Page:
said first portion of said movable mass includes a plurality of movable electrodes; and
said MEMS device further comprises fixed electrodes formed on said substrate in proximity to said movable electrodes of said first portion of said movable mass.
12. A microelectromechanical systems (MEMS) device comprising:
a substrate;
a movable mass suspended from said substrate, said movable mass having a first portion and a second portion, said second portion surrounding said first portion;
at least one motion limiting structure laterally displaced away from an outer perimeter of said second portion of said movable mass; and
a spring system interconnecting said first portion of said movable mass with said second portion of said movable mass, said spring system enabling translational movement of said second portion of said movable mass in response to a first force imposed upon said movable mass in a first direction that is orthogonal to a sense direction, wherein when said second portion of said movable mass moves in said first direction in response to said first force, said second portion of said movable mass contacts said at least one motion limiting structure, and wherein said spring system inhibits movement of said first portion of said movable mass in said first direction in response to said first force, and wherein said first direction is parallel to a surface of said substrate such that said translational movement of said second portion of said movable mass in response to said first force is oriented substantially parallel to said surface of said substrate, said first and second portions of said movable mass are configured to move together in response to a second force imposed upon said movable mass in said sense direction, and said first portion is limited to a single degree-of-freedom motion in said sense direction.
13. The MEMS device of claim 12 wherein said movement of said second portion of said movable mass in response to said first force is substantially parallel to a surface of said substrate.
14. The MEMS device of claim 12 wherein said spring system comprises a plurality of straight beam flexures interconnecting said first portion of said movable mass with said second portion of said movable mass.
15. The MEMS device of claim 12 wherein said spring system is a first spring system, and said MEMS device further comprises:
an anchor system coupled to said substrate; and
a second spring system interconnecting said first portion of said movable mass with said anchor system, said second spring system enabling said first and second portions of said movable mass to move together in response to said second force imposed upon said movable mass in said sense direction.
16. A microelectromechanical systems (MEMS) device comprising:
a substrate;
a movable mass suspended from said substrate, said movable mass having a first portion and a second portion;
a first spring system interconnecting said first portion of said movable mass with said second portion of said movable mass, said first spring system including a plurality of spring elements, each of said spring elements enabling translational movement of said second portion of said movable mass in response to a first force imposed upon said movable mass in a first direction that is orthogonal to a sense direction, wherein said first direction is parallel to a surface of said substrate such that said translational movement of said second portion of said movable mass in response to said first force is oriented substantially parallel to said surface of said substrate;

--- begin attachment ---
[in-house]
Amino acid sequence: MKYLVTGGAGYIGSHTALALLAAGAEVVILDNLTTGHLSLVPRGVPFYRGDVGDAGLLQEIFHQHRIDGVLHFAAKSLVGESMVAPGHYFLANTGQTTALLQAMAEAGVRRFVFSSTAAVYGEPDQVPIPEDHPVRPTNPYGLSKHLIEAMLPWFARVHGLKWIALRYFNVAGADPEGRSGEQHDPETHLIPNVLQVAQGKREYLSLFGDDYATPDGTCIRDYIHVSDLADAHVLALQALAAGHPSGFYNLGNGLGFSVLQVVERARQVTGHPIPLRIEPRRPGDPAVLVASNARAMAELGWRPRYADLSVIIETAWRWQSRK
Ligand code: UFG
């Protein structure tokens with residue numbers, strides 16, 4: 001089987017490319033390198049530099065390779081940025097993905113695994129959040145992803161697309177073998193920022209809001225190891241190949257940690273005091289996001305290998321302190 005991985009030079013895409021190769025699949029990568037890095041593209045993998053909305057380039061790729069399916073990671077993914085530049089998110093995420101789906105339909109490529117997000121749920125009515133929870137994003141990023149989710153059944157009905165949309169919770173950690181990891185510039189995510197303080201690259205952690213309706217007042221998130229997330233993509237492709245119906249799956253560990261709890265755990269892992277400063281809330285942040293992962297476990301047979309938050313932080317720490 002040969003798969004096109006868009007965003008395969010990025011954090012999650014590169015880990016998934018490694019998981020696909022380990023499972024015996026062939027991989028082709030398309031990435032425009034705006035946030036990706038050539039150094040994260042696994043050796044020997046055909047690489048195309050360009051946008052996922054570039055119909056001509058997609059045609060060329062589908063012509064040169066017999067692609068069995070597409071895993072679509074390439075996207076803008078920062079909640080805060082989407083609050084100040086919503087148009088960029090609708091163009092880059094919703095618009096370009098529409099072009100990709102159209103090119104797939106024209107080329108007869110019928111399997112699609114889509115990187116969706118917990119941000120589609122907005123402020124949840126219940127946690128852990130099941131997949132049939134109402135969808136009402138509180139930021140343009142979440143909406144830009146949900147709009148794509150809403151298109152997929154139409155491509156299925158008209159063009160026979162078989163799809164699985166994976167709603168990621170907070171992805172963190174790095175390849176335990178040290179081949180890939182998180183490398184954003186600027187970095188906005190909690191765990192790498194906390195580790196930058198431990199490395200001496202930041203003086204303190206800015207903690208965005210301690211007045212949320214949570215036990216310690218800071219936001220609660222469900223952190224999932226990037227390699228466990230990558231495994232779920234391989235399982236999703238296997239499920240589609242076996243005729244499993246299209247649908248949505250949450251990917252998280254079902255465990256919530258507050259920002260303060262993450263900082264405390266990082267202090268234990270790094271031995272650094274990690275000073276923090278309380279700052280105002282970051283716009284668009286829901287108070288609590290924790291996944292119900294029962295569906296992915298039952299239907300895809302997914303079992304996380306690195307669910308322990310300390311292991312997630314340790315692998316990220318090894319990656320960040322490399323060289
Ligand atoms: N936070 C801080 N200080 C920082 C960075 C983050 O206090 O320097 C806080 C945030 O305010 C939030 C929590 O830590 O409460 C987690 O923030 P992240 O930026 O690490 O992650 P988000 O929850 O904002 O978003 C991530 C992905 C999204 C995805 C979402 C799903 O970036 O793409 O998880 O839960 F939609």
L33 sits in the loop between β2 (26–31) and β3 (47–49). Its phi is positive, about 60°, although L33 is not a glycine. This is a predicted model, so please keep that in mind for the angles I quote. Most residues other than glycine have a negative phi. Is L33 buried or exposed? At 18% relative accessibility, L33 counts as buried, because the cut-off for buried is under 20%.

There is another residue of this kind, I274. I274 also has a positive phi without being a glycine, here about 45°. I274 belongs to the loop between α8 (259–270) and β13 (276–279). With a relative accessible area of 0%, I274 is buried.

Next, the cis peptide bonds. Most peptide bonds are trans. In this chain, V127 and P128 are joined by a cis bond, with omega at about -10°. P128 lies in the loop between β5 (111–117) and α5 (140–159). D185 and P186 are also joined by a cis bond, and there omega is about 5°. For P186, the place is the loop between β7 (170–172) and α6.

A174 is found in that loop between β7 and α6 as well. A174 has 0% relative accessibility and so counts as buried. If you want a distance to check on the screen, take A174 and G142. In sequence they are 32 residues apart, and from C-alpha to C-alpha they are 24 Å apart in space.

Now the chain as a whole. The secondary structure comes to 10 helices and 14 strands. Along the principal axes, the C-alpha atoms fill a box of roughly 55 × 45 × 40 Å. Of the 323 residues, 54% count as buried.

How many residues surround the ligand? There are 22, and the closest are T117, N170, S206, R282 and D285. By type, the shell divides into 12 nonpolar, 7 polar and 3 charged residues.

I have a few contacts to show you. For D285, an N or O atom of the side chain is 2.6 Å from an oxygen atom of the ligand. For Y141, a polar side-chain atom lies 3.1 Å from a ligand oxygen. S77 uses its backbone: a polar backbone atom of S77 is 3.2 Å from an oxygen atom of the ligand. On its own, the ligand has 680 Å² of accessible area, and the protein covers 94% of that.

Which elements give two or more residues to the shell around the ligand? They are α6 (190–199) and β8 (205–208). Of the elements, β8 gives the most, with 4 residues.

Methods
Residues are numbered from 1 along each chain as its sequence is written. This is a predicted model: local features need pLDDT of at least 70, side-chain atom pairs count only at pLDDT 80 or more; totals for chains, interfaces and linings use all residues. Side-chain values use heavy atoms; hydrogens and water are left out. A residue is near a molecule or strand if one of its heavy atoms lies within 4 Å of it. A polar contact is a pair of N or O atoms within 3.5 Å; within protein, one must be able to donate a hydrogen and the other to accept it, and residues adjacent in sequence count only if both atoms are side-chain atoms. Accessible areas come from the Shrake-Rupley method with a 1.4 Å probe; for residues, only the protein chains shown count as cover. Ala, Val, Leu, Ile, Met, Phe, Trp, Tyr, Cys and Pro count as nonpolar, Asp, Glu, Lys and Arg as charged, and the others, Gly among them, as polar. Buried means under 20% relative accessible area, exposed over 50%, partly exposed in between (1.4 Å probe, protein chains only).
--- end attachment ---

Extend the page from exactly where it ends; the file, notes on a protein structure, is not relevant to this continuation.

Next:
an anchor system coupled to said substrate; and
a second spring system interconnecting said first portion of said movable mass with said anchor system to suspend said movable mass from said substrate, said second spring system enabling said first and second portions of said movable mass to move together in response to a second force imposed upon said movable mass in said sense direction, wherein said each of said spring elements of said first spring system are rigid in said sense direction such that said first spring system inhibits movement of said first portion of said movable mass in said first direction in response to said first force such that said first portion is limited to a single degree-of-freedom motion in said sense direction.
17. The MEMS device of claim 16 wherein said first spring system isolates said anchor system and said second spring system from movement in said first direction in response to said first force.
18. The MEMS device of claim 16 wherein:
said sense direction is substantially perpendicular to a surface of said substrate;
said second spring system comprises a torsion spring for enabling motion of said first and second portions of said movable mass about a rotational axis that is substantially parallel to said surface of said substrate in response to said second force imposed upon said movable mass in said sense direction; and
said MEMS device further comprises sense electrodes formed on said surface of said substrate and underlying said second portion of said movable mass.
19. The MEMS device of claim 16 wherein:
said sense direction is substantially parallel to a surface of said substrate;
said second spring system comprises spring elements for enabling translational motion of said first and second portions of said movable mass in response to said second force imposed upon said movable mass in said sense direction; and
said MEMS device further comprises fixed electrodes formed on said substrate in proximity to movable electrodes of said first portion of said movable mass.